After a lifetime of resisting calorie-counting and meal-skipping, food writer Laurie Woolever dips a toe into the "intermittent fasting" trend. Read on to get the skinny.

By Laurie Woolever
Updated May 24, 2017
© Rob Bailey

I never reallyunderstood fasting, nor had any desire to try it. Growing up, the closest my Catholic family came to it was during Lent, which just meant that on Fridays, we’d eat big planks of deep-fried haddock, smothered in tartar sauce, instead of the usual burgers or steaks.

Denying myself food the second a hunger pang struck was a terrifying, nonsensical notion, as both a food writer and a sentient human. Fasting was for actors subsisting on oat paste, cash and self-satisfaction in order to shrink down to ghostlike versions of themselves for a starring role. Fasting was for political prisoners, the pious, and patients preparing for medical procedures. It was not for me.

Then I started hearing about intermittent fasting. My father-in-law, a retired stonemason, dropped two sizes by skipping lunch every day. The book publisher Dan Halpern told me he forgoes breakfast and barely eats lunch, which has helped him keep off unwanted weight. Even TV host Jimmy Kimmel confessed to having lost 25 pounds by restricting calories, and has kept them off by fasting.

I’ve long maintained a healthy weight with portion control and exercise, but vanity wins, and I wanted to drop some pounds before a TV appearance to promote the book I’d co-written with Anthony Bourdain, so I decided to give this fasting fad a try.

Turns out, there’s a whole menu of fasting diets to choose from. Some people (the idle rich, the criminally insane) choose the truly punishing all-liquid Master Cleanse, a 10-day fast meant to “detox” the digestive system. Others skip meals or restrict their eating to an eight-hour period each day, then fast for the remaining 16. Because it seemed reasonable and doable enough, I followed the 5:2 Fast Diet, devised by British physician Michael Mosley, on which one eats a weight-maintaining number of calories—2,000 for women, 2,400 for men—five days per week. On the other two days, consecutive or not, you eat a quarter of those calories—500 and 600, respectively—causing the body to burn through fat reserves without depleting muscle mass. Research suggests that intermittent fasting also speeds up cell repair and toxin elimination, reduces inflammation and lowers cholesterol.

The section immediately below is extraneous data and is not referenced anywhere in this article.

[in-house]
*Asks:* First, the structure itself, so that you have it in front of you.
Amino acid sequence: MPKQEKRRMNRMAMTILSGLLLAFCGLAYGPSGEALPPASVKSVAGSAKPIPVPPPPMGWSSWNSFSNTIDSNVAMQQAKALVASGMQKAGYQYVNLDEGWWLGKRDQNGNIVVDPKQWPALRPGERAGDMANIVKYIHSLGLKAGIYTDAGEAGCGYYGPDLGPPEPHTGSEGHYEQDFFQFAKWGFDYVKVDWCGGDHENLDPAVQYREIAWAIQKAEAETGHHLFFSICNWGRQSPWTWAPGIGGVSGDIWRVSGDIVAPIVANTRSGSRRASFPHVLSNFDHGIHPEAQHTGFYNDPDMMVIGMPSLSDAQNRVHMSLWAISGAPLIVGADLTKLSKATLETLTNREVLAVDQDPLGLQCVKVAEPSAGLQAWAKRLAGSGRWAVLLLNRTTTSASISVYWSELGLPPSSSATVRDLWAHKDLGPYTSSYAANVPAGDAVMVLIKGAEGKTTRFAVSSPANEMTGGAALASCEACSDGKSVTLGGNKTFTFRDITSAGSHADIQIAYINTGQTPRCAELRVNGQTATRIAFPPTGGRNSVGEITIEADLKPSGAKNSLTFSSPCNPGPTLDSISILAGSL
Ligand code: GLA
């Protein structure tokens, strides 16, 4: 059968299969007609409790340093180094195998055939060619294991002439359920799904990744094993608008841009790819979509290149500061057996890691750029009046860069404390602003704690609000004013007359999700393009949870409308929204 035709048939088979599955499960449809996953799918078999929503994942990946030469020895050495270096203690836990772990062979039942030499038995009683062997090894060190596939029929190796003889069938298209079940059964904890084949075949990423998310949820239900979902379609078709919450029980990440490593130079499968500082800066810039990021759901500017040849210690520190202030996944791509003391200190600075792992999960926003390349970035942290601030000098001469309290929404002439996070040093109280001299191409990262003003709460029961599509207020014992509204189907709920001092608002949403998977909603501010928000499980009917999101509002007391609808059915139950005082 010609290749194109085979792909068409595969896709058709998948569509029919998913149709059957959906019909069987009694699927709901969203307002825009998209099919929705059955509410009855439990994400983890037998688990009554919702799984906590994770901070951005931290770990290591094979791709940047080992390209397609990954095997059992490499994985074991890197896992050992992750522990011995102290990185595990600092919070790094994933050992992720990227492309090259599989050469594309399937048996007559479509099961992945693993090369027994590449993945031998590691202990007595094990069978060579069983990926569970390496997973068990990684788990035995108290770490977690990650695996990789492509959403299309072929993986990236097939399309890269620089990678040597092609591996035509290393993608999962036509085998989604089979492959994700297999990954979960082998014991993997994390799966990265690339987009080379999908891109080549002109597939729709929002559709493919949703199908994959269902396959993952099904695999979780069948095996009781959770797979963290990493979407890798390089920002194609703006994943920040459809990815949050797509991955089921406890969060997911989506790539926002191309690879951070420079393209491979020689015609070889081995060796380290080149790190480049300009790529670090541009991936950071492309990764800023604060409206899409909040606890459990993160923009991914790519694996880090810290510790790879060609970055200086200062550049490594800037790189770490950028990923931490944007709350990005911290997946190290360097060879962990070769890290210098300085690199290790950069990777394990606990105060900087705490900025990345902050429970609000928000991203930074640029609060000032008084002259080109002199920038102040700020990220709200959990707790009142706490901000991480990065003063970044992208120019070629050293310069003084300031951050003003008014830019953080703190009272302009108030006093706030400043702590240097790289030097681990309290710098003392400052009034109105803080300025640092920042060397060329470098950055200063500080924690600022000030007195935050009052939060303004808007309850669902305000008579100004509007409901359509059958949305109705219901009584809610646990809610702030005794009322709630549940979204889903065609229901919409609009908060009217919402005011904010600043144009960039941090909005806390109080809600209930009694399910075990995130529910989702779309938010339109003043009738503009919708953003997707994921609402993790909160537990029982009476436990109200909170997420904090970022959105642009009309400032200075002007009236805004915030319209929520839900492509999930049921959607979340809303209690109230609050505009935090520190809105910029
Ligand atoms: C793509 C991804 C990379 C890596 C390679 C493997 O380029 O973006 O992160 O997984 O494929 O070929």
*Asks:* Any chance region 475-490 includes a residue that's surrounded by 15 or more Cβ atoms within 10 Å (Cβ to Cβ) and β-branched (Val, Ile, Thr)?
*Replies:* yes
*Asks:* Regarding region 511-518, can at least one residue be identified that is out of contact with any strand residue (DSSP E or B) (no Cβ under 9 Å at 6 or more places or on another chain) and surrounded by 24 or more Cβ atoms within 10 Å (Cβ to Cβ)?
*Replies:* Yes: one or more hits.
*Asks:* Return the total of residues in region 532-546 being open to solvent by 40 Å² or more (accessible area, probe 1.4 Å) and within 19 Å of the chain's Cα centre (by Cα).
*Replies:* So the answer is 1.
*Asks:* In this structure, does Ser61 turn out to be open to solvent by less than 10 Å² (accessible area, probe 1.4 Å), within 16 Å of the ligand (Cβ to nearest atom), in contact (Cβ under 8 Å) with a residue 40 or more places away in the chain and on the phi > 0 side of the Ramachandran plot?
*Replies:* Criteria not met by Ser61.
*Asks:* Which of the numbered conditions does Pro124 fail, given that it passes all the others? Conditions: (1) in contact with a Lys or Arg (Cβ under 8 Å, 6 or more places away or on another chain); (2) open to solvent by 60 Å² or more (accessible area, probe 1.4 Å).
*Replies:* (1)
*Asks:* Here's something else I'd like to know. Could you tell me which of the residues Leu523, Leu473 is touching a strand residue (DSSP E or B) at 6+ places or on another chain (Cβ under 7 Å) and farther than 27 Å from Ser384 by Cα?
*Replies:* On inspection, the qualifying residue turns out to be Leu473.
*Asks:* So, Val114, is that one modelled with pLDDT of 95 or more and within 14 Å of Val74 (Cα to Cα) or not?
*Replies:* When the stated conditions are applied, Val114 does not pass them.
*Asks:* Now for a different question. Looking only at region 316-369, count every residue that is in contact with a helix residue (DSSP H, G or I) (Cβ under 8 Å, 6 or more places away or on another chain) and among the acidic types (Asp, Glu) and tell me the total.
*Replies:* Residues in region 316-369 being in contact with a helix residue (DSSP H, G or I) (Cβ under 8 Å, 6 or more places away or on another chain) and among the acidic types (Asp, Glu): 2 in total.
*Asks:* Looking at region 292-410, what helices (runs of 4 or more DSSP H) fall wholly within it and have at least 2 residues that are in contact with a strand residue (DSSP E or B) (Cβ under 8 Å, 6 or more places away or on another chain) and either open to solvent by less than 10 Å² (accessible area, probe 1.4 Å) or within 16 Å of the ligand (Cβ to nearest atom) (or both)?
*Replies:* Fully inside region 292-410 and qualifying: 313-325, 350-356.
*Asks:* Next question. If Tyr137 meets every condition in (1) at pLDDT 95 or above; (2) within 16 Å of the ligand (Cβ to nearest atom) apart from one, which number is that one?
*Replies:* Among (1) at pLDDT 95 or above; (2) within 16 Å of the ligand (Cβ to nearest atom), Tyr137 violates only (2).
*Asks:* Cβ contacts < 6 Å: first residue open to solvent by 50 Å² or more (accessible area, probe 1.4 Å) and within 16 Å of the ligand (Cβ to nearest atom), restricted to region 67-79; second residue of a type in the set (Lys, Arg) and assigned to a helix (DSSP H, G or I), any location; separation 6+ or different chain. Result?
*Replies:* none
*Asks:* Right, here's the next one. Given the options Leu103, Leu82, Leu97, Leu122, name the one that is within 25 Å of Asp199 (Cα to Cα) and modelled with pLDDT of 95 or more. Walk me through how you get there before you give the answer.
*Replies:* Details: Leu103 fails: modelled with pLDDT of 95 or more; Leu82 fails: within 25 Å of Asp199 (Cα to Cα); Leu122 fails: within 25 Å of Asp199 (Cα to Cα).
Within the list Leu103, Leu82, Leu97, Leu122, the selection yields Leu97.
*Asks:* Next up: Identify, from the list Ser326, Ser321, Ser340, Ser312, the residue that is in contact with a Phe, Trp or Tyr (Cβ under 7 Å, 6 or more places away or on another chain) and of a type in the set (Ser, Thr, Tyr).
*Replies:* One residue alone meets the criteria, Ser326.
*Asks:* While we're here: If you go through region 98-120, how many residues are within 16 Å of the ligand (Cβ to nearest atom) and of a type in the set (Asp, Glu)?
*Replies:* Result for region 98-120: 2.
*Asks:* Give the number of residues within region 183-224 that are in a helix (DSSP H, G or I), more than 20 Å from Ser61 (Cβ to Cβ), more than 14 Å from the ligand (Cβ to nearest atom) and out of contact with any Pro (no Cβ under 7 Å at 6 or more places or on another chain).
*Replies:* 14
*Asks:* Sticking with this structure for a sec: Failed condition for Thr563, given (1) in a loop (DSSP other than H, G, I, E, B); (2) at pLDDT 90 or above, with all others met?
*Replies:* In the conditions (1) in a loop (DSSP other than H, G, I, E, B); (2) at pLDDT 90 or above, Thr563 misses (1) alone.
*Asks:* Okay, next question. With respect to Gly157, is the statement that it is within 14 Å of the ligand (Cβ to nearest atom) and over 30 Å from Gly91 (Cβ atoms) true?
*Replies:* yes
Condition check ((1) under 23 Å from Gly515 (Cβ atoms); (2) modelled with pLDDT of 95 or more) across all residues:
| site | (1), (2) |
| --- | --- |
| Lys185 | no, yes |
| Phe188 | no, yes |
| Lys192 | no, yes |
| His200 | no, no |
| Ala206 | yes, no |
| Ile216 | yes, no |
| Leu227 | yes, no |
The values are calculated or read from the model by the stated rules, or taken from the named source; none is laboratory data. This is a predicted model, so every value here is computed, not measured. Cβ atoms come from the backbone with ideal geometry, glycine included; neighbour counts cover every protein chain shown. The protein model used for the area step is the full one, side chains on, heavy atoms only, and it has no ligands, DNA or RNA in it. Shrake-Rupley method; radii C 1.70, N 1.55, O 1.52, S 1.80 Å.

For guidance, I read The Essential 5:2 Fast Diet Planner by nutritionist Charlotte Debeugny and food stylist Delphine de Montalier, which includes calorie tables, menu plans and recipes whose titles (“My Ratatouille for the Day,” “Like a Chili”) made me laugh with nervous dread. Armed with guarded optimism and the mortal fear of looking chubby on television, I started a month of 5:2.

On the non-fasting days, I stuck to my well-established routine, eating vegetables, fruits and lean proteins, snacking on nuts and dark chocolate, and consuming my carbs in wine form. The fasting days, however, were a different story. After the first week I started to experience an emotional arc akin to the five stages of grief as I mourned the loss of each calorie.

First came denial. “With energy and a positive outlook,” said the book, “you’ll get through the Fast Days without too much difficulty, if any!” I felt satisfied with tea and a hard-boiled egg (90 calories) for breakfast.

That is, until anger (and hunger) kicked in. It’s only 10 a.m., I’d realize, and I’ve already blown through nearly 50 percent of my calories with a second egg and some almonds (50 calories). How am I supposed to work? Why won’t that dog stop barking? How many calories are in a goddamn shot of whiskey (95), and is it too early to start drinking?

I’d begin bargaining with myself. If I made it through an hour without eating (or breaking) anything, I’d take a half-shot of whiskey and smoke a cigarette (0 calories), the original diet lunch.

Which, naturally, led to depression. “I’m not meant to succeed on this diet,” I’d moan. “I’m enraged, a little tipsy, I’ve picked up smoking, and I’m hungry.”

After two weeks, having shed four pounds and the will to live, I contacted Debeugny. I complained about my irritability (irritably), whined about how little food constituted 500 calories, and asked what to do with my rage.

“That’s just your blood glucose levels dropping below normal. When you feel that way, eat a handful of nuts or a piece of fruit,” she said. “The idea of 5:2 isn’t to torture yourself; it’s to become accustomed to being hungry without panicking, which takes some practice. If you go over by a few hundred calories, it’s not a failure.”

Huh. I’d apparently been a little too hard on myself.

Debeugny’s reassurances got me, eventually, to 5:2 acceptance. I tried the book’s 500-calorie recipes—a Thai chicken stir-fry, a lentil and smoked haddock salad—that kept me satisfied far longer than hard-boiled eggs and whiskey. And I started to think of my fasting days as practice for eating less overall, instead of a crazy crash diet meant to hollow out my cheekbones and my soul. By letting go of the superstrict calorie monitoring, I soon found myself satisfied with less food, even on non-fasting days. It became easier to push past that feeling of being hungry.

After a month, I’m pleased to report that I’ve lost a grand total of eight pounds—as well as my temporary cigarette habit and my fear of going hungry.

Laurie Woolever is the co-author of Anthony Bourdain’s Appetites: A Cookbook.